If you think Olympic athletes that have four years to train in between events have it rough, then you haven't met the sportsmen and women that participate in the Kila Raipur Olympics. Not only do they compete every year, but also, do so in 'sporting events' that require very unusual skills and in some cases, almost inhuman strength. Also, even though the villagers don't spend millions of dollars on special venues, shows and firework extravaganzas, these games appear to be much more fun than the real deal!
Now in its 77th year, the four-day event, which was took place in the village Kila Raipur in the Indian state of Punjab from January 31st to February 3rd, was the brainchild of a local man by the name of Inder Singh Grewal, who wanted to organize an event which would allow farmers to showcase their skills, uphold their culture and just have a good time.
Over the years, it has become extremely popular and now includes not just the farmers, but also some of the world's finest athletes, ranging from 7-70 years of age. In keeping up with times, the over 50 events, range from modern day sports like hockey and track to traditional ones such as tug-of-war and even Kabaddi, a team sport that combines the characteristics of wrestling and rugby.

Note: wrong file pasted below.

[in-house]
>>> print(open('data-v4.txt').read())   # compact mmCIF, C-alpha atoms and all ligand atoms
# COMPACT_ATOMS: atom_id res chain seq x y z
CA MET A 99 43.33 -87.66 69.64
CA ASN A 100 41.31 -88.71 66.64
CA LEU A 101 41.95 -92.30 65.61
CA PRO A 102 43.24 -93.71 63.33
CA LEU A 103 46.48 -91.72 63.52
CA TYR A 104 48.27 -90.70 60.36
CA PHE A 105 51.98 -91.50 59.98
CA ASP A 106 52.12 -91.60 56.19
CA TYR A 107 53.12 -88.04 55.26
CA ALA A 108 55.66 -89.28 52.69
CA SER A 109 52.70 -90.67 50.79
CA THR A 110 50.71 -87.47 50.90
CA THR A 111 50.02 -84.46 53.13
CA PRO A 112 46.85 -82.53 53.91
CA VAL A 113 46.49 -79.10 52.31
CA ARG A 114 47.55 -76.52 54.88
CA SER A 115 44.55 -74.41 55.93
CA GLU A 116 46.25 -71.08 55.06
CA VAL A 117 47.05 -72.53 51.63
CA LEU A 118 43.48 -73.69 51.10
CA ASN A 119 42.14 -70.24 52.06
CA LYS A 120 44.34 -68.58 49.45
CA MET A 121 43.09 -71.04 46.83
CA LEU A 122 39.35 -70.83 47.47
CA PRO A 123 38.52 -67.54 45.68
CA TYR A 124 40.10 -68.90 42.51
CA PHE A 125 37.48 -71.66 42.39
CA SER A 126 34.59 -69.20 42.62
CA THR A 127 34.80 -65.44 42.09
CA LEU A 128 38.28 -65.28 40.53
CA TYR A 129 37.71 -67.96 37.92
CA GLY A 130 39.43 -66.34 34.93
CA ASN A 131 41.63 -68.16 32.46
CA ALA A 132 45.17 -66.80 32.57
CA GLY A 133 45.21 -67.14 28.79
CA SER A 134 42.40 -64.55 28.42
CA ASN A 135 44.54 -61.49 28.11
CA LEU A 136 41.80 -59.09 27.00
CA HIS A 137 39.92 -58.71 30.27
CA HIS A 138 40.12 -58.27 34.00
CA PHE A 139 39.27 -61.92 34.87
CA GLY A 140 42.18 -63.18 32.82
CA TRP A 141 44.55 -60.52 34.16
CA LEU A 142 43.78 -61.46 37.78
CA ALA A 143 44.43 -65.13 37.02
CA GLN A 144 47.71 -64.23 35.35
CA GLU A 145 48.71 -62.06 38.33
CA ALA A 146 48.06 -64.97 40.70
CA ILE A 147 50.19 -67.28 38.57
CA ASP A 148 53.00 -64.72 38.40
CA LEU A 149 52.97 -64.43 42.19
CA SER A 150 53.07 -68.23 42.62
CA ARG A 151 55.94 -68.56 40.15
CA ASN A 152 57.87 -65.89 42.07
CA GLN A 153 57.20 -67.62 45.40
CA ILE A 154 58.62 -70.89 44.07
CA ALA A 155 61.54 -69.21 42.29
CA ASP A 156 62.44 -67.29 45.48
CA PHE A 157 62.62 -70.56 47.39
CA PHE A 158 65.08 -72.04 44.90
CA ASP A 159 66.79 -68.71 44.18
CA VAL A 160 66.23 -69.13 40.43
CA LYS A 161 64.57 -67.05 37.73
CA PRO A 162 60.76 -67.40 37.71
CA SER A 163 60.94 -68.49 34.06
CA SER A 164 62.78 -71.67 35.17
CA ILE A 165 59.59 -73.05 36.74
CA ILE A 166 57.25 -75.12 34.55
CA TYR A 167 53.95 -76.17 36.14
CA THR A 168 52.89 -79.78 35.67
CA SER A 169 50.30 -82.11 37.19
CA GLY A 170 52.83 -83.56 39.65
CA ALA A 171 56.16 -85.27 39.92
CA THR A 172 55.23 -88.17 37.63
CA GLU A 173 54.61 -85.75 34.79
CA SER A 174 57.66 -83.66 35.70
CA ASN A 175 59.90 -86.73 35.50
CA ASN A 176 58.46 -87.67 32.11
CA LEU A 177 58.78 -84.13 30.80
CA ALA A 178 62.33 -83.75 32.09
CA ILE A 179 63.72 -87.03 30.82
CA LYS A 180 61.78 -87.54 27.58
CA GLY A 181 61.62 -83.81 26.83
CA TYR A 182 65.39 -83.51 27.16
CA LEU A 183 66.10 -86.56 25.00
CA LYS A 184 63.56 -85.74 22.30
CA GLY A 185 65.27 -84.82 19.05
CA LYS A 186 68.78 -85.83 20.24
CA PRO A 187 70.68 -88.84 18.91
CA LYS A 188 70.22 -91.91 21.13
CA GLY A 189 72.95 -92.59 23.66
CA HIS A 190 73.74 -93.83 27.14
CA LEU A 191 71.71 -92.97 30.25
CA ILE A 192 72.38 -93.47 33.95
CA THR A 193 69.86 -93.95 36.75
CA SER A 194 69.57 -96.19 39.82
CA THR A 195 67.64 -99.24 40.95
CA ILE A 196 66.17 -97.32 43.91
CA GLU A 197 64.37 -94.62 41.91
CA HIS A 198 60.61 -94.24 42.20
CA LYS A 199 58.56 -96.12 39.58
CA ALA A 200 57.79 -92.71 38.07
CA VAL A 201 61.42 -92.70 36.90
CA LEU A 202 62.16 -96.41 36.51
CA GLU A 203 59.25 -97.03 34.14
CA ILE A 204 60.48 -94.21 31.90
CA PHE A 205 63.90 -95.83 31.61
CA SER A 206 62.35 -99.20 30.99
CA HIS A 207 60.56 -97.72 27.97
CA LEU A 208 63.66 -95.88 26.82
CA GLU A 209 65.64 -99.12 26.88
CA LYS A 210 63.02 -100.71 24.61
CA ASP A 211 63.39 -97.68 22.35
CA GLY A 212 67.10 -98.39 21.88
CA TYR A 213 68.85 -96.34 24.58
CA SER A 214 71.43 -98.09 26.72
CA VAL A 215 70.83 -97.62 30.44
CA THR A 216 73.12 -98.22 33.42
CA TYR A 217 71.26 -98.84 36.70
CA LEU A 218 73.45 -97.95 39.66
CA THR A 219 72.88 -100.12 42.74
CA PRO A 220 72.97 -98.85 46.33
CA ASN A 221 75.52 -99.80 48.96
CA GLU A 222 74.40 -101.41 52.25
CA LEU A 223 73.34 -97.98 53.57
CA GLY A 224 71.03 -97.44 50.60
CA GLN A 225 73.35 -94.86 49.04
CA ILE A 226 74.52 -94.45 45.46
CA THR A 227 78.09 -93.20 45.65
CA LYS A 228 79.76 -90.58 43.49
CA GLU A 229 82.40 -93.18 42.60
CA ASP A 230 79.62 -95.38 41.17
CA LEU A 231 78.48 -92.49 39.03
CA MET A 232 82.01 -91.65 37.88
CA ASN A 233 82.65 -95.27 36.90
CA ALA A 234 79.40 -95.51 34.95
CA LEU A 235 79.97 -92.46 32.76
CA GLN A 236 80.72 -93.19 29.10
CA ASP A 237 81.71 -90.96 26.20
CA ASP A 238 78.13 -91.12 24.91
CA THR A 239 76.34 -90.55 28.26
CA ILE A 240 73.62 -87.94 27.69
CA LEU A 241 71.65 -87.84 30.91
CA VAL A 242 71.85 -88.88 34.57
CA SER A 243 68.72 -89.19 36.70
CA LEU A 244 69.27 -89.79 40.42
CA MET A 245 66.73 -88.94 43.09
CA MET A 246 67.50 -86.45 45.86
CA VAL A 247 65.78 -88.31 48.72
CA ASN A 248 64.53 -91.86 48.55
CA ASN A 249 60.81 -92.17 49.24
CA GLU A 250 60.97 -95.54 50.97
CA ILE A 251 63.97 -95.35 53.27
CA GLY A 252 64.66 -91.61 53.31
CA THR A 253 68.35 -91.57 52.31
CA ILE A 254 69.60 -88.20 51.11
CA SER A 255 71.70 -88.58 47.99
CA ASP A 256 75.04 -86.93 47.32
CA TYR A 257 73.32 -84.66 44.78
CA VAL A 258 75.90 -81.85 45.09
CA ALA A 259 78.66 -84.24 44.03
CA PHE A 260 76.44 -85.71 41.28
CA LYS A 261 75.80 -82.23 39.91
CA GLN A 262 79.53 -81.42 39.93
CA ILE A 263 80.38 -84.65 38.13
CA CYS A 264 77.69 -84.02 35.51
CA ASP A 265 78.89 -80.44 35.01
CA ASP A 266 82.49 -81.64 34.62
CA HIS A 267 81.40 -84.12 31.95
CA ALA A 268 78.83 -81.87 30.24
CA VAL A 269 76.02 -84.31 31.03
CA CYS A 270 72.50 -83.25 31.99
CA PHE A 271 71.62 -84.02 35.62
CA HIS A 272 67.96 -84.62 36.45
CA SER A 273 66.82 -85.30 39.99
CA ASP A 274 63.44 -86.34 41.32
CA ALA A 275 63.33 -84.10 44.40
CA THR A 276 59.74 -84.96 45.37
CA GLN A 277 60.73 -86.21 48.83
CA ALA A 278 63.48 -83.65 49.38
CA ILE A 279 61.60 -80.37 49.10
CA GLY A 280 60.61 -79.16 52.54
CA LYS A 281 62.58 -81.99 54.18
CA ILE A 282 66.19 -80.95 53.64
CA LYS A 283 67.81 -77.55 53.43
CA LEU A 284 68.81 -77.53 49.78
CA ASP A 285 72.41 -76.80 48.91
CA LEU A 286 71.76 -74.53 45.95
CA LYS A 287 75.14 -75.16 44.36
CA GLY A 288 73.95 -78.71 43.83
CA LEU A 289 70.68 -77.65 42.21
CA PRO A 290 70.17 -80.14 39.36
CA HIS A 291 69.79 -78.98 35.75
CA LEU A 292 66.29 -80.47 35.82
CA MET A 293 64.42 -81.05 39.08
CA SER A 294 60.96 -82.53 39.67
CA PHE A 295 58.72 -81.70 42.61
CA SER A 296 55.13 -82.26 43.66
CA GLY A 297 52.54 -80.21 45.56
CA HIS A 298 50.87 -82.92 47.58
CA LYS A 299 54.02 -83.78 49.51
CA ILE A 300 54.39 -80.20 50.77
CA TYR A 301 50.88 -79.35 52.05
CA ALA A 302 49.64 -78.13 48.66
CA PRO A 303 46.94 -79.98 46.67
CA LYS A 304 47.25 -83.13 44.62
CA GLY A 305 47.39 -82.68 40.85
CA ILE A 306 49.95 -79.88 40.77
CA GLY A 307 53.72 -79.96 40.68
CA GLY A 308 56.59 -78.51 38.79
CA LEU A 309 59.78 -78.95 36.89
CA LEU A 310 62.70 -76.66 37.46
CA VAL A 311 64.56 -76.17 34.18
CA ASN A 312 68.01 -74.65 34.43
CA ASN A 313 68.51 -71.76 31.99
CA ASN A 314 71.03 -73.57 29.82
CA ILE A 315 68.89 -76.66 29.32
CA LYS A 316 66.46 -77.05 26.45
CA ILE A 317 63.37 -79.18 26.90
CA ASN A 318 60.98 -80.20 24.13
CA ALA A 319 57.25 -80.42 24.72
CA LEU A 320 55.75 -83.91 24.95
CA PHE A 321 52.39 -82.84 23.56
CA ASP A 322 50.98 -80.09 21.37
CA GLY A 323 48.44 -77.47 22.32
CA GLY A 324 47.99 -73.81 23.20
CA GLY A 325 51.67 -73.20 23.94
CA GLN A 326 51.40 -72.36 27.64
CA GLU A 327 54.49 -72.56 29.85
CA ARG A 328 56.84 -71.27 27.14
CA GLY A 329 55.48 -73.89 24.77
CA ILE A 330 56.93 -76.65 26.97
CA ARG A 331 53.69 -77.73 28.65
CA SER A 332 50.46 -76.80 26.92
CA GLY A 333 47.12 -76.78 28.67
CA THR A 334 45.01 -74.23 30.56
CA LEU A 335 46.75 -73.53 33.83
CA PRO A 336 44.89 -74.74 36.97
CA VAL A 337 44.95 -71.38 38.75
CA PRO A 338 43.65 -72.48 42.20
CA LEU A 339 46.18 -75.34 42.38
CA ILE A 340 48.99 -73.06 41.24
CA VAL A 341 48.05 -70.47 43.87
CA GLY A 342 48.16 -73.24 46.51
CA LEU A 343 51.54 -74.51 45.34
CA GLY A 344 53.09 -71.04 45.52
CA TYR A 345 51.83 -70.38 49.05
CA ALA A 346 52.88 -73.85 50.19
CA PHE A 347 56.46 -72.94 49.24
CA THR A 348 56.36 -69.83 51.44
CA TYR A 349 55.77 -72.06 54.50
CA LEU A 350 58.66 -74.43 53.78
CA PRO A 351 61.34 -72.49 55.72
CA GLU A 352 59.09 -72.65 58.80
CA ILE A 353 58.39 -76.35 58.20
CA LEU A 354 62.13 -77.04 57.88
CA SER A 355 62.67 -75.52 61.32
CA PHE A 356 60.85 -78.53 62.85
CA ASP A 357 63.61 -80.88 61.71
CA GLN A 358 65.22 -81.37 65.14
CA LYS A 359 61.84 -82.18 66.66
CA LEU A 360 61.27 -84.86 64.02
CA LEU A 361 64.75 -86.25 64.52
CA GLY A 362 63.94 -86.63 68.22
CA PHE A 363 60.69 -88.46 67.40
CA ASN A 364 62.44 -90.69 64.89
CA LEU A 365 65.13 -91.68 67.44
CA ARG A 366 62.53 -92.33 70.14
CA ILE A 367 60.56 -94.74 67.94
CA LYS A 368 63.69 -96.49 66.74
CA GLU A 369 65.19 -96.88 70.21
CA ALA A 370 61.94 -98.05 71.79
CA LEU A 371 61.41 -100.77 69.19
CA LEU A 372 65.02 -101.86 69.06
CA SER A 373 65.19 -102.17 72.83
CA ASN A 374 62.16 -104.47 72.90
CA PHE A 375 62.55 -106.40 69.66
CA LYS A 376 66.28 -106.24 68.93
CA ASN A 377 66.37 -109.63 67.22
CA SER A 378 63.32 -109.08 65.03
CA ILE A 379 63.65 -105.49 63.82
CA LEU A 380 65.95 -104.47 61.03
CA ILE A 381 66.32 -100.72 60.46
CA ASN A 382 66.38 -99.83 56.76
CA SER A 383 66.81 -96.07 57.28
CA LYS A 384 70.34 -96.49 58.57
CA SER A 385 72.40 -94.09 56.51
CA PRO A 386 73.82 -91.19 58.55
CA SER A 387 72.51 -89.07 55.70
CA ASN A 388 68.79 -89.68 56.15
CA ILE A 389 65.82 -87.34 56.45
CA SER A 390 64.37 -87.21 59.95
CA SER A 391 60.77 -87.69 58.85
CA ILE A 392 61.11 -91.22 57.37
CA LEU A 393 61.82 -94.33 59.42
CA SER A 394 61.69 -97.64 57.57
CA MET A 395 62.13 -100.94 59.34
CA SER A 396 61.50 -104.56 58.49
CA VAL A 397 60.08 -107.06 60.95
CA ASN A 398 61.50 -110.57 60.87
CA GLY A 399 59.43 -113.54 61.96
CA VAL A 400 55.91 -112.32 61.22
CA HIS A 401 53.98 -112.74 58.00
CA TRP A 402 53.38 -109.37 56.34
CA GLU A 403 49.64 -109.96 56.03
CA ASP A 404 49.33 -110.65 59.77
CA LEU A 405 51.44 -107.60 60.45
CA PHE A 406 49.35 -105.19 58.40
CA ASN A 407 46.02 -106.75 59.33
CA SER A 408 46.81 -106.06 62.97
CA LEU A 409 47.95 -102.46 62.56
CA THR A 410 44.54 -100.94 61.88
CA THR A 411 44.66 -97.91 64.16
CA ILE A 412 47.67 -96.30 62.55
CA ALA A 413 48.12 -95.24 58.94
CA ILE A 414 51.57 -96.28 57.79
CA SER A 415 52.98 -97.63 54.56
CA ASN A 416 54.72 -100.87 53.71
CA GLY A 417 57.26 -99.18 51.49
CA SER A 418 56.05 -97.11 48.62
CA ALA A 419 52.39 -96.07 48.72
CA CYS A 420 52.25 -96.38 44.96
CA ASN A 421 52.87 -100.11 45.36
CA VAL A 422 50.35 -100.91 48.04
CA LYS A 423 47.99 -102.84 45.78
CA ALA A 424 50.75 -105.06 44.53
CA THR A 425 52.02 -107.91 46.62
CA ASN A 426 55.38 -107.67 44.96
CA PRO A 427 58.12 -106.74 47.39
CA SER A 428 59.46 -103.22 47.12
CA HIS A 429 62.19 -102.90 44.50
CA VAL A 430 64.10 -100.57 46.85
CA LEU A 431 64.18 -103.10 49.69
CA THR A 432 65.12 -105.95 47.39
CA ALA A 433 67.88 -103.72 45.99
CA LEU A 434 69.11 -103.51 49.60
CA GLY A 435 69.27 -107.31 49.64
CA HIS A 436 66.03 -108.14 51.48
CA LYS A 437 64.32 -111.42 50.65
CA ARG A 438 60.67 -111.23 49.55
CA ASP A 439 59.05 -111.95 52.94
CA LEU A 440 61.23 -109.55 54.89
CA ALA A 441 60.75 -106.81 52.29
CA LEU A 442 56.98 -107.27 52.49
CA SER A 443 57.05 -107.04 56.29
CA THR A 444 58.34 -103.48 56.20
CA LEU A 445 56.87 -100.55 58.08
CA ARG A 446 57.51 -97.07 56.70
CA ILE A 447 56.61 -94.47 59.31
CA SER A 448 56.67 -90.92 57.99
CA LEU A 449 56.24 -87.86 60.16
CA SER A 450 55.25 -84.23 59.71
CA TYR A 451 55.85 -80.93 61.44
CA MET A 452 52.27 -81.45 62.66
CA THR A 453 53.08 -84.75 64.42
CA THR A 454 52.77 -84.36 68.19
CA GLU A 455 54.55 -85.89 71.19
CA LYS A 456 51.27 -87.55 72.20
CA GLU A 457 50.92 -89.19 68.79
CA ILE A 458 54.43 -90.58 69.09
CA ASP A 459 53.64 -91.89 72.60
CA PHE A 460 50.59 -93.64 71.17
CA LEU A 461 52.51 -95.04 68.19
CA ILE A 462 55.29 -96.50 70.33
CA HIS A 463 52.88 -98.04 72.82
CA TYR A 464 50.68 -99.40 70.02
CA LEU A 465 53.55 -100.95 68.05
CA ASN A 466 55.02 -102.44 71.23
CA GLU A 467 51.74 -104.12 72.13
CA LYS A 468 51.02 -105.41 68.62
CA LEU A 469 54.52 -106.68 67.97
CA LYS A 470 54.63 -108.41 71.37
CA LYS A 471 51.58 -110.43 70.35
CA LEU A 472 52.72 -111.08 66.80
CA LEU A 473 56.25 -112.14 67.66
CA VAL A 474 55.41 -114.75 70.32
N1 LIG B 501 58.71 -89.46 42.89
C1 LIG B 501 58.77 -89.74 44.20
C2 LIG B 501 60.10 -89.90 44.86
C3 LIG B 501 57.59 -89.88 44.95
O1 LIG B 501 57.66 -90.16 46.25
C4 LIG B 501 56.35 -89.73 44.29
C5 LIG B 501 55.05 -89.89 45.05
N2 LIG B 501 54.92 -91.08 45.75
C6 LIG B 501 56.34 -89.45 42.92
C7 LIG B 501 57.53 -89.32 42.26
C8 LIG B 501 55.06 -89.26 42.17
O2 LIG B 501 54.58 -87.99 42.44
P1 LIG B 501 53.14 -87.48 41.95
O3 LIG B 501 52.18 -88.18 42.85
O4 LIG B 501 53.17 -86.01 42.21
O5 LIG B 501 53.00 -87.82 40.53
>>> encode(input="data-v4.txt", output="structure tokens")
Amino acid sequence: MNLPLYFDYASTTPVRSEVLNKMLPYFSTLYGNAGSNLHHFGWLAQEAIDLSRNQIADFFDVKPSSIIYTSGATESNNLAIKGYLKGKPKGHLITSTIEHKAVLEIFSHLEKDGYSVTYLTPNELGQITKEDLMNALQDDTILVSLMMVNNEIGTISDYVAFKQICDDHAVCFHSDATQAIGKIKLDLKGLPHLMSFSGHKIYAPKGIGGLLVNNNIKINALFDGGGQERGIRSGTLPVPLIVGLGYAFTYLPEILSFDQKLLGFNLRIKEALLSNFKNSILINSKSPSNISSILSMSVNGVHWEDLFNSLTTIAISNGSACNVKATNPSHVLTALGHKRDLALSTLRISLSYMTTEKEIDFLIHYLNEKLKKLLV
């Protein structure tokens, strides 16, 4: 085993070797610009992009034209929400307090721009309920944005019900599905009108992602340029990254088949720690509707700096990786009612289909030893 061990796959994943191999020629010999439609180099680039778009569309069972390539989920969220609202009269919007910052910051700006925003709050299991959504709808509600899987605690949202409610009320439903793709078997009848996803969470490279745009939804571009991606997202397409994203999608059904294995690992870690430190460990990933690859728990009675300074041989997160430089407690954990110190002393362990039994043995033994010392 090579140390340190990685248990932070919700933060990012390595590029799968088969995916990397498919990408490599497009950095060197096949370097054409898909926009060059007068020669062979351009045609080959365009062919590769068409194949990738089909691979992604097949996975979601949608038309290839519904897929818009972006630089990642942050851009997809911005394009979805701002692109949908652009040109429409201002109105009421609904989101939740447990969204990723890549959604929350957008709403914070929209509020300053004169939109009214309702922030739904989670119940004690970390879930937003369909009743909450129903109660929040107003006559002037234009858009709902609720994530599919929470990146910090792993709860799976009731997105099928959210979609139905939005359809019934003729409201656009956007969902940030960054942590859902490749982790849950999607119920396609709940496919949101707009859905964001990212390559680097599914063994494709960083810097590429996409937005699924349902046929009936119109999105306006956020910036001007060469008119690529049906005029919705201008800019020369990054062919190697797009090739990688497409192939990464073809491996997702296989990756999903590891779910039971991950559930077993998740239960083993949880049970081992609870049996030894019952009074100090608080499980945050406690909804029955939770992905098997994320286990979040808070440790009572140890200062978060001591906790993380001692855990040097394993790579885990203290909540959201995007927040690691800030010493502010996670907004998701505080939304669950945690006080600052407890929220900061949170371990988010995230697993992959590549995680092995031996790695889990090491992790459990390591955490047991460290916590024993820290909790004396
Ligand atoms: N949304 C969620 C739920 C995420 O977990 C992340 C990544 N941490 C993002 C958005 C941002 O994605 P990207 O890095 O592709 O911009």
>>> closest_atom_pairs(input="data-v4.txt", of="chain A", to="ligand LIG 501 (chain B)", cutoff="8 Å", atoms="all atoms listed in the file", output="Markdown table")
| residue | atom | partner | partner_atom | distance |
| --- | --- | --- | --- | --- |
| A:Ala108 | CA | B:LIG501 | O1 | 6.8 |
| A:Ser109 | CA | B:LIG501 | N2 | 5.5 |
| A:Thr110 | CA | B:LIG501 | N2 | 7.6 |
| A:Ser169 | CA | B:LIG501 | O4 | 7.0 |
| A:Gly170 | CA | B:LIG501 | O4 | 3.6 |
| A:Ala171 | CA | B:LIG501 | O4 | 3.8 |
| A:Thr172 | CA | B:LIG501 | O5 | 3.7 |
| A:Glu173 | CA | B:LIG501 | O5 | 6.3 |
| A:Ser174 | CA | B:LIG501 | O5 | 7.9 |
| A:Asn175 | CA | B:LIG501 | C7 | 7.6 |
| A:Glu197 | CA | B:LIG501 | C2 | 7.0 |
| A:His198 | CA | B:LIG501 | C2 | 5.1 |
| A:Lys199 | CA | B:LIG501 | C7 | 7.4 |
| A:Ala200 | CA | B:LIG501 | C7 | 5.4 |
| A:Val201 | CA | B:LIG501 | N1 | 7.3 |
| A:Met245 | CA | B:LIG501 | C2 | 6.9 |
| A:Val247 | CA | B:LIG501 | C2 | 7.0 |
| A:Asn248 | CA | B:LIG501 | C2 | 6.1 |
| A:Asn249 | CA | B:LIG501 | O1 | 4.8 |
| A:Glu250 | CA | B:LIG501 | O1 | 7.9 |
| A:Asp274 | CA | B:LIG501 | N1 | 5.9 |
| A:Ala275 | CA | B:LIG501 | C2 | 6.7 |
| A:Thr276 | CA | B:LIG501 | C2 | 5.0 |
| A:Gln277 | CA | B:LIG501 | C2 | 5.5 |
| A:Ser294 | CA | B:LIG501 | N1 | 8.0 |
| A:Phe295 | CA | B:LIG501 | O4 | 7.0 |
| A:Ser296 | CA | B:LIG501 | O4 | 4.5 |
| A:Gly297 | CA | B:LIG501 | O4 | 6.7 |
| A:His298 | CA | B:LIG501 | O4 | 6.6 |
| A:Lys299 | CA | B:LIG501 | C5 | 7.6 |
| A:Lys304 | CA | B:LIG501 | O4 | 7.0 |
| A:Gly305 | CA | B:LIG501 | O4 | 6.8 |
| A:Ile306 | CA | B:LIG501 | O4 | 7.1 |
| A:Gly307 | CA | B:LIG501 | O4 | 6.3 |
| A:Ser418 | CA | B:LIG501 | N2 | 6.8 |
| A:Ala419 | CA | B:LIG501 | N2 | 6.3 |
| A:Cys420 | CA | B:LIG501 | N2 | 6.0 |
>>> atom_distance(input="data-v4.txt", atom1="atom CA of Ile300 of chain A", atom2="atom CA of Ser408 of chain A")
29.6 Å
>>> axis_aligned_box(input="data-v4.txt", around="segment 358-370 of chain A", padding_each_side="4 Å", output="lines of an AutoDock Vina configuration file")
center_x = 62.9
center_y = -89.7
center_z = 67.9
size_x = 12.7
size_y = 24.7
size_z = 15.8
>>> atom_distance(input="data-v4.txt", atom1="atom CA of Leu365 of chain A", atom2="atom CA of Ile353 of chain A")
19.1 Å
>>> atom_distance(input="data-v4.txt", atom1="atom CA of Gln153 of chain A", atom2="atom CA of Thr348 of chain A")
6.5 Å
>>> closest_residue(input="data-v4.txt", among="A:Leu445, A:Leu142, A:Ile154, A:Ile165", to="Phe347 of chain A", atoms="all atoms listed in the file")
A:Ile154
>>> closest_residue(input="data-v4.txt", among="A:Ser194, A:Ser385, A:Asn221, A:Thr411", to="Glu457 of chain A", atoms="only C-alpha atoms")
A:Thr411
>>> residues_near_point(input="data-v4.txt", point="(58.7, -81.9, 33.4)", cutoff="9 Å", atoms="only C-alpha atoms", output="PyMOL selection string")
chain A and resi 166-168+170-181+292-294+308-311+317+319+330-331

However, the ones that attract the biggest crowds are the real unusual events like the four-lane bullock races, where bulls galloping at high speeds race against each other, with their jockeys balanced rather precariously on small carts. Another unusual but equally fun sport is tent pegging, where competitors pierce planted pegs, whilst riding on horses at high speeds. Then there is the event that challenges competitors to lift bicycles with their teeth or better still, use their pearly whites to pull a car. If that is not extreme enough for you how about this? A competition that entails allowing a tractor to roll over a competitor's lower body!
All in all, the four-day event not only tests the strength and endurance of its athletes, but also incorporates light-hearted fun. The best part is that unlike other sporting events, there is no age barrier to entering any sport. It's therefore no wonder that that over 4,000 competitors and over a million spectators flock in to the tiny village of Kila Raipur, each year!
Resources: dailymail.co.uk, sportskeeda.com